Motoring Insight Magazine Online

Kwik Fit Research: Millions of parents leave children alone in car

Published: 8 September 2015

New research has revealed that nearly one in every four British parents, equivalent to 8.1 million people, have left young children alone in the car in the past, while out and about. 

The research from Kwik Fit Insurance also revealed that while parents generally leave their children for only a few minutes, they can often return to interior damage, car alarms going off or fist fights.

Of those parents who have left children in cars it appears that dads are a little more relaxed, leaving their children alone in the car for as long as 27 minutes. Mums, on the other hand, are slightly more ‘responsible’, only nipping out for a maximum of 17 minutes.

Doing quick tasks such as nipping to a shop and sleeping children were the top reasons for leaving the kids in the car, although it seems that younger parents have a sometimes more casual attitude in the reasons for leaving the children behind. Of those parents aged 18 to 34 who left their children in the car alone, one in six locked them in as a punishment and, even more worryingly, over a quarter left their children behind because they forgot about them.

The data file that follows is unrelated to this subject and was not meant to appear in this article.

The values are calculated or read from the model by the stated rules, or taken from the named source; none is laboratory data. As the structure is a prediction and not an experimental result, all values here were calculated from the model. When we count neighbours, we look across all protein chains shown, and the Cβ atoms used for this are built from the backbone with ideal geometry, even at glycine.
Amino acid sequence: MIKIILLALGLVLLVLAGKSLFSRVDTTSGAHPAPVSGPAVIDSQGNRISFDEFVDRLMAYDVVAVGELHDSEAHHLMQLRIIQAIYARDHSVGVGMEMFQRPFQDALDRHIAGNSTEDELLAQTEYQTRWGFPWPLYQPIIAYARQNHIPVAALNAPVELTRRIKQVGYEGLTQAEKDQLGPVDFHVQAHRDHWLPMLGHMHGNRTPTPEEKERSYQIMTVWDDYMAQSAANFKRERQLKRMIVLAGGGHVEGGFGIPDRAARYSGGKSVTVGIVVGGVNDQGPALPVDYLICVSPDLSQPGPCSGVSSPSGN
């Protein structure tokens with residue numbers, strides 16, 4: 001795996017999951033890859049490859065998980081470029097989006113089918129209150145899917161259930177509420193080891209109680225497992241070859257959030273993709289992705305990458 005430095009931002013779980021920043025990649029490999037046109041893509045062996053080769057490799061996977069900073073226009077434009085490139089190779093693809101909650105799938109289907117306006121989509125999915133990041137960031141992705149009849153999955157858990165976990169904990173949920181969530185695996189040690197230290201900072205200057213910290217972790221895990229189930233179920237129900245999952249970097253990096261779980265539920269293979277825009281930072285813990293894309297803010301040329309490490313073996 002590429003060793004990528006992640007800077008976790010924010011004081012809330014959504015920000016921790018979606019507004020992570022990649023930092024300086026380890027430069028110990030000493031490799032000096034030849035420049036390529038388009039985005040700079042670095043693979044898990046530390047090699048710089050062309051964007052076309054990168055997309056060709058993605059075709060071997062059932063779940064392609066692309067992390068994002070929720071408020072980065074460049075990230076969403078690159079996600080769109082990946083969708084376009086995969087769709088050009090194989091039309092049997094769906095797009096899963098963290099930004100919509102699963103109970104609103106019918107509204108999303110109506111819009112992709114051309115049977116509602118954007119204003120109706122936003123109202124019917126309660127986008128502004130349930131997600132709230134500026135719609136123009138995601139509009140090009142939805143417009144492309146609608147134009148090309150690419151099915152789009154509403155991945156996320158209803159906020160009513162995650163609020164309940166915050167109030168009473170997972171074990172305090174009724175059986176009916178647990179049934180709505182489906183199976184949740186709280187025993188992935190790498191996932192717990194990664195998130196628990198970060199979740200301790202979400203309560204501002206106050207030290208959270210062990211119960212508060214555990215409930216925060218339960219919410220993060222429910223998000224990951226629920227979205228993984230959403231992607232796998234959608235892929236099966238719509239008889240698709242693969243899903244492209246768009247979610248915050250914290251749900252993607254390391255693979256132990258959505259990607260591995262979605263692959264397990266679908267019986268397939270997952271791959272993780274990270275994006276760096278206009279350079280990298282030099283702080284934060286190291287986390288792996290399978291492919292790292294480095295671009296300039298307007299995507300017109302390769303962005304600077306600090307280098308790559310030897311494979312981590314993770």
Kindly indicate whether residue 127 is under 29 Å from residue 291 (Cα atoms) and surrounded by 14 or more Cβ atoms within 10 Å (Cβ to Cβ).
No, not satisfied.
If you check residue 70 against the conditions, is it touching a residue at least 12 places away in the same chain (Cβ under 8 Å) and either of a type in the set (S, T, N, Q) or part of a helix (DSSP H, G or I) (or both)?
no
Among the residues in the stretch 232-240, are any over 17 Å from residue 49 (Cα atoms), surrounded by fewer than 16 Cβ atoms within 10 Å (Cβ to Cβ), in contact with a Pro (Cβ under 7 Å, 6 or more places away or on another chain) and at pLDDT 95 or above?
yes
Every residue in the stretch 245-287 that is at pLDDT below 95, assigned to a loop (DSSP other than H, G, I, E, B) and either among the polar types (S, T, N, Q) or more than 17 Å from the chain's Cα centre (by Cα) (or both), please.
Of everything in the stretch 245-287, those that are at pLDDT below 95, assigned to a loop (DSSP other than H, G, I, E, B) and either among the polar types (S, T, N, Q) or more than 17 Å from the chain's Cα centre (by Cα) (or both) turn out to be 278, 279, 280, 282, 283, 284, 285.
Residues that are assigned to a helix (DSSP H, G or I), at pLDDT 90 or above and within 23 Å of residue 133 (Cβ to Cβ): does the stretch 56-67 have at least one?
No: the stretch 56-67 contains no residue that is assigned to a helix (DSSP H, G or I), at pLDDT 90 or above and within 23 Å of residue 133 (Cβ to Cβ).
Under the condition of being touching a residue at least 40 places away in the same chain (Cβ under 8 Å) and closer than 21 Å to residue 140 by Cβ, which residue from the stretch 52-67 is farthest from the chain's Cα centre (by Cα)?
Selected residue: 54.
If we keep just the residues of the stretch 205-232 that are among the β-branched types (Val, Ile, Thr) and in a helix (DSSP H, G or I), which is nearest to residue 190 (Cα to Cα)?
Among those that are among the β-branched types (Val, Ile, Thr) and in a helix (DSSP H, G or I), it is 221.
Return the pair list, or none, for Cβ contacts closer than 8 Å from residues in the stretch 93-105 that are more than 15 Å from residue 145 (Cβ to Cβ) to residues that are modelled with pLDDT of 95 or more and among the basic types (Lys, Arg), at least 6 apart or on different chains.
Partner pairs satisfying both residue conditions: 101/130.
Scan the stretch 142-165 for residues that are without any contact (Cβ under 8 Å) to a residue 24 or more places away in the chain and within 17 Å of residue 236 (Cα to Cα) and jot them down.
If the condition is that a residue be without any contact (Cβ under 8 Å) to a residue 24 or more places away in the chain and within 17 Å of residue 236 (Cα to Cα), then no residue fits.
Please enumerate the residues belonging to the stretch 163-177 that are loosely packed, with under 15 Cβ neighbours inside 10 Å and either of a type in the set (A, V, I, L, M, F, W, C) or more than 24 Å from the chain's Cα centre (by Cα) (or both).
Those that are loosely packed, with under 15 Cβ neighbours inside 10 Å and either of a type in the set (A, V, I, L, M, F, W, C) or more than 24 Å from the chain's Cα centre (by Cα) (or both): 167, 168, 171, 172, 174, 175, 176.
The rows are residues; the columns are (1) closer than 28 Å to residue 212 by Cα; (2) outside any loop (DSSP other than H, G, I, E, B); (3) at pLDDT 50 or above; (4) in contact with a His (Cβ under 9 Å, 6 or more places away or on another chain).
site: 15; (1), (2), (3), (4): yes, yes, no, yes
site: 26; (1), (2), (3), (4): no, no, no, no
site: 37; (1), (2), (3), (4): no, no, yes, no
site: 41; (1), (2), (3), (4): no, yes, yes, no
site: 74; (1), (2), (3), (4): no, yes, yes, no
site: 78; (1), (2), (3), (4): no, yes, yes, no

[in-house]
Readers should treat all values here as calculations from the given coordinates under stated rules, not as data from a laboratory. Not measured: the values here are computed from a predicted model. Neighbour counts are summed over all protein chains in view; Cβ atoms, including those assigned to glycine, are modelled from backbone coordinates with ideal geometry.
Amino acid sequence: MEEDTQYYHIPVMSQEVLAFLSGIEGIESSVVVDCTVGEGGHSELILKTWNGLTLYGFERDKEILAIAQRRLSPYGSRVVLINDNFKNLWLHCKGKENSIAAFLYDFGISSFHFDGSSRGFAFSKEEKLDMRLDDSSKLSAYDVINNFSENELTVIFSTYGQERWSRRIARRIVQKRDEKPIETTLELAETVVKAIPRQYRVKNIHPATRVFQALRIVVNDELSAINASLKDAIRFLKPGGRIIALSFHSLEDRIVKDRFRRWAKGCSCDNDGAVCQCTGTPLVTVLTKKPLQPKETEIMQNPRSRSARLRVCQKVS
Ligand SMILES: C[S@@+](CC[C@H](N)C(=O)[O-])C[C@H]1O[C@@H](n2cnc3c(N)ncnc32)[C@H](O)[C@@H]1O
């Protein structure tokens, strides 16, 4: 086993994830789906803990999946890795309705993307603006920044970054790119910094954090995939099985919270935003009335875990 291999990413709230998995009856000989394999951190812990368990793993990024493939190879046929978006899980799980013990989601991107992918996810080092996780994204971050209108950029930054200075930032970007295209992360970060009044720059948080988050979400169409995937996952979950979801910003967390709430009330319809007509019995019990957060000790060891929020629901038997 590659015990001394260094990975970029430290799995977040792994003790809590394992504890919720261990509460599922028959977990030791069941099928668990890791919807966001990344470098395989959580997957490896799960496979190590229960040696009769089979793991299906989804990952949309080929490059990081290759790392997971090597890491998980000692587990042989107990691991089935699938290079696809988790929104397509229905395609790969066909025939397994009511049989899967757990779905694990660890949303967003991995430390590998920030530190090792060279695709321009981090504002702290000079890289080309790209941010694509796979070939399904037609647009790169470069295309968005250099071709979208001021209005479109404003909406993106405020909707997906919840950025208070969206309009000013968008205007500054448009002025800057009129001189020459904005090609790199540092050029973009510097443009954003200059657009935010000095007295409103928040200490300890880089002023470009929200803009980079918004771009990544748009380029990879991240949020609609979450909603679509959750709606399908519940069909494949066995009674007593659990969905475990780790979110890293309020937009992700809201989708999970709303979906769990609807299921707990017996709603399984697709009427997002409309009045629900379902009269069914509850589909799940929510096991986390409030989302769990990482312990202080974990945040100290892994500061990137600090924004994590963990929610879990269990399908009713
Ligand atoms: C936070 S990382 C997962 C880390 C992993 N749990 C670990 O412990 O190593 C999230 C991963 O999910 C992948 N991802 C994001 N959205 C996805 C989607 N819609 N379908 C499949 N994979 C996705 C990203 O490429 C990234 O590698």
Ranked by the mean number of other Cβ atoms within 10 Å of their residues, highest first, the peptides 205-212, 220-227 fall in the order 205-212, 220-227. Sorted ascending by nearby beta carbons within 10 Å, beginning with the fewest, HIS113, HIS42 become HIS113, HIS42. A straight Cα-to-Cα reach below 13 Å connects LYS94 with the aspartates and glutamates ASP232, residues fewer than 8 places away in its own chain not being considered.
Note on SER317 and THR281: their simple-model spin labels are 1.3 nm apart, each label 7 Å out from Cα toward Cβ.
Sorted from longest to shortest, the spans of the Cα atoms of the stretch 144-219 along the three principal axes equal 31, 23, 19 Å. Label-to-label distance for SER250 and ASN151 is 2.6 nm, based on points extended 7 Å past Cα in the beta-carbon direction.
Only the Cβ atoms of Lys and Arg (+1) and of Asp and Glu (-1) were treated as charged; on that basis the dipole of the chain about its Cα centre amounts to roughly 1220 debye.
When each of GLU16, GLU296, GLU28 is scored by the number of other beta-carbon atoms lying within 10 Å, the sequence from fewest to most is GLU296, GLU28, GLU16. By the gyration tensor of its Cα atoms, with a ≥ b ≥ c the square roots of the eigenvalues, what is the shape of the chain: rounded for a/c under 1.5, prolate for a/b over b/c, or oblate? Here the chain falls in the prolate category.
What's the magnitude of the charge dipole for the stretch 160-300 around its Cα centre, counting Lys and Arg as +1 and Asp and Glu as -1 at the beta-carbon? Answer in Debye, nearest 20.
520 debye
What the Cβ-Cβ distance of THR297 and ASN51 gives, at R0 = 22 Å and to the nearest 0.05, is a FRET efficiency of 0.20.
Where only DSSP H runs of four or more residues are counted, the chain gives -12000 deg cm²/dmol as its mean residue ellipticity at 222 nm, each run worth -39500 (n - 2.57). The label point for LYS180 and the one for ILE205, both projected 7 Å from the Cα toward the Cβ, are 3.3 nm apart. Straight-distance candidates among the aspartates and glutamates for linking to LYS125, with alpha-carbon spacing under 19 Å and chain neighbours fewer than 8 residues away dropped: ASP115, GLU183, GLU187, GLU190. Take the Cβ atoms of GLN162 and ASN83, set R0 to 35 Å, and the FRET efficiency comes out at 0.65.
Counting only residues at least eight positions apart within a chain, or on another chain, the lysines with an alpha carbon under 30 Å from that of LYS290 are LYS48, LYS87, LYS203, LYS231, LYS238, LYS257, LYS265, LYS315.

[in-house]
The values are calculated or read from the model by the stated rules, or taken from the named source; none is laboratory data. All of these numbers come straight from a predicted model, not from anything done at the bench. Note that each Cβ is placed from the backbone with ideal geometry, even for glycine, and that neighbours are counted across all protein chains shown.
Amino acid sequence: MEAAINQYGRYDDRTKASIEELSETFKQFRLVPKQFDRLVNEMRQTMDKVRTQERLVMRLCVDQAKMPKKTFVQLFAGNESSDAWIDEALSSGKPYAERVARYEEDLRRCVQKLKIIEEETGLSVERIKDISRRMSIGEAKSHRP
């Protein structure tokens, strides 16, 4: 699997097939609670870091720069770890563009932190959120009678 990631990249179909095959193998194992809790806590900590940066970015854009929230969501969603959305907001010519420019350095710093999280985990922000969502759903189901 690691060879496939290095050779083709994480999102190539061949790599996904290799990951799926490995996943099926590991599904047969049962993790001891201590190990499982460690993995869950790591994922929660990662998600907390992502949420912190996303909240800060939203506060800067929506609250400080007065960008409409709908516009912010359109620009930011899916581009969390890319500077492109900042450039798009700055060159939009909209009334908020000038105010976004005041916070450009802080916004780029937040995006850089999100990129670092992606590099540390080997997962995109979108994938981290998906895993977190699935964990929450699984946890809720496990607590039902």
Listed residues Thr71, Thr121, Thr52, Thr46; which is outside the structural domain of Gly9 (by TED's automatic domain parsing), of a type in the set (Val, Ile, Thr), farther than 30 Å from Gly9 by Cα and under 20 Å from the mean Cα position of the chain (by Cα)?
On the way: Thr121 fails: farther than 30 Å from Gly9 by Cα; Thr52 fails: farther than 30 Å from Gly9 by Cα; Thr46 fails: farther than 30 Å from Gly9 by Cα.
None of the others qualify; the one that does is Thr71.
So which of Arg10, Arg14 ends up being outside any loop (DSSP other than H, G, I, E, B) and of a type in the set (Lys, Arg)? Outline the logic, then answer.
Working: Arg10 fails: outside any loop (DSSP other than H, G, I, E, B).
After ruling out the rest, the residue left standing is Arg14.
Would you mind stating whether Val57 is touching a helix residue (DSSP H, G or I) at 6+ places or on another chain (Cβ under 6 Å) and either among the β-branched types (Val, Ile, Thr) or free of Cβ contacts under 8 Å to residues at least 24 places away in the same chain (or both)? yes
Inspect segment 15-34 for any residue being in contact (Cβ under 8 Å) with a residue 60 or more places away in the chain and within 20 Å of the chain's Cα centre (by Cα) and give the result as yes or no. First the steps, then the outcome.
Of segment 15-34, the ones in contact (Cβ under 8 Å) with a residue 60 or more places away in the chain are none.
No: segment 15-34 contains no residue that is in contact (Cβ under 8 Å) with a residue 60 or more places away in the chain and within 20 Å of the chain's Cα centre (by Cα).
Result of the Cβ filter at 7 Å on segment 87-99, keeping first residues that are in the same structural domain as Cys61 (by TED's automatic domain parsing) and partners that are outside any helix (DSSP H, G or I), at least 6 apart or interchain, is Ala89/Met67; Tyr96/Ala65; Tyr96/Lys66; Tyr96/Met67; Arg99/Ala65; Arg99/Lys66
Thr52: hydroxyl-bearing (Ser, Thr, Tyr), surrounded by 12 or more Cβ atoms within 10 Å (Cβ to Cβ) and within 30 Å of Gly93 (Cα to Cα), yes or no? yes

Richard Curtis, parenting expert and ‘Kid Calmer’, said: "The results of this survey are very shocking. Whilst it is not appropriate to take a child out of a car whilst filling up with petrol, there are many other times where the children should go with their parents. There are a number of hazards that could pose a risk to children in an unattended vehicle, plus, as this report shows, siblings will often bicker or fight."

Mr Curtis added: "Children left alone in an enclosed space with a sibling will often get bored or frustrated with them, especially left without an activity to do. My advice would be to never leave children under the age of 12 unattended if you haven’t got line of sight to them, and even then not for more than a few minutes. Whatever parents decide, having some games and activities in the car is only ever going to be beneficial to keep little people occupied."

When parents leave their children they appear to be flipping a coin, according to the research, with half encountering some sort of mishap as a result.

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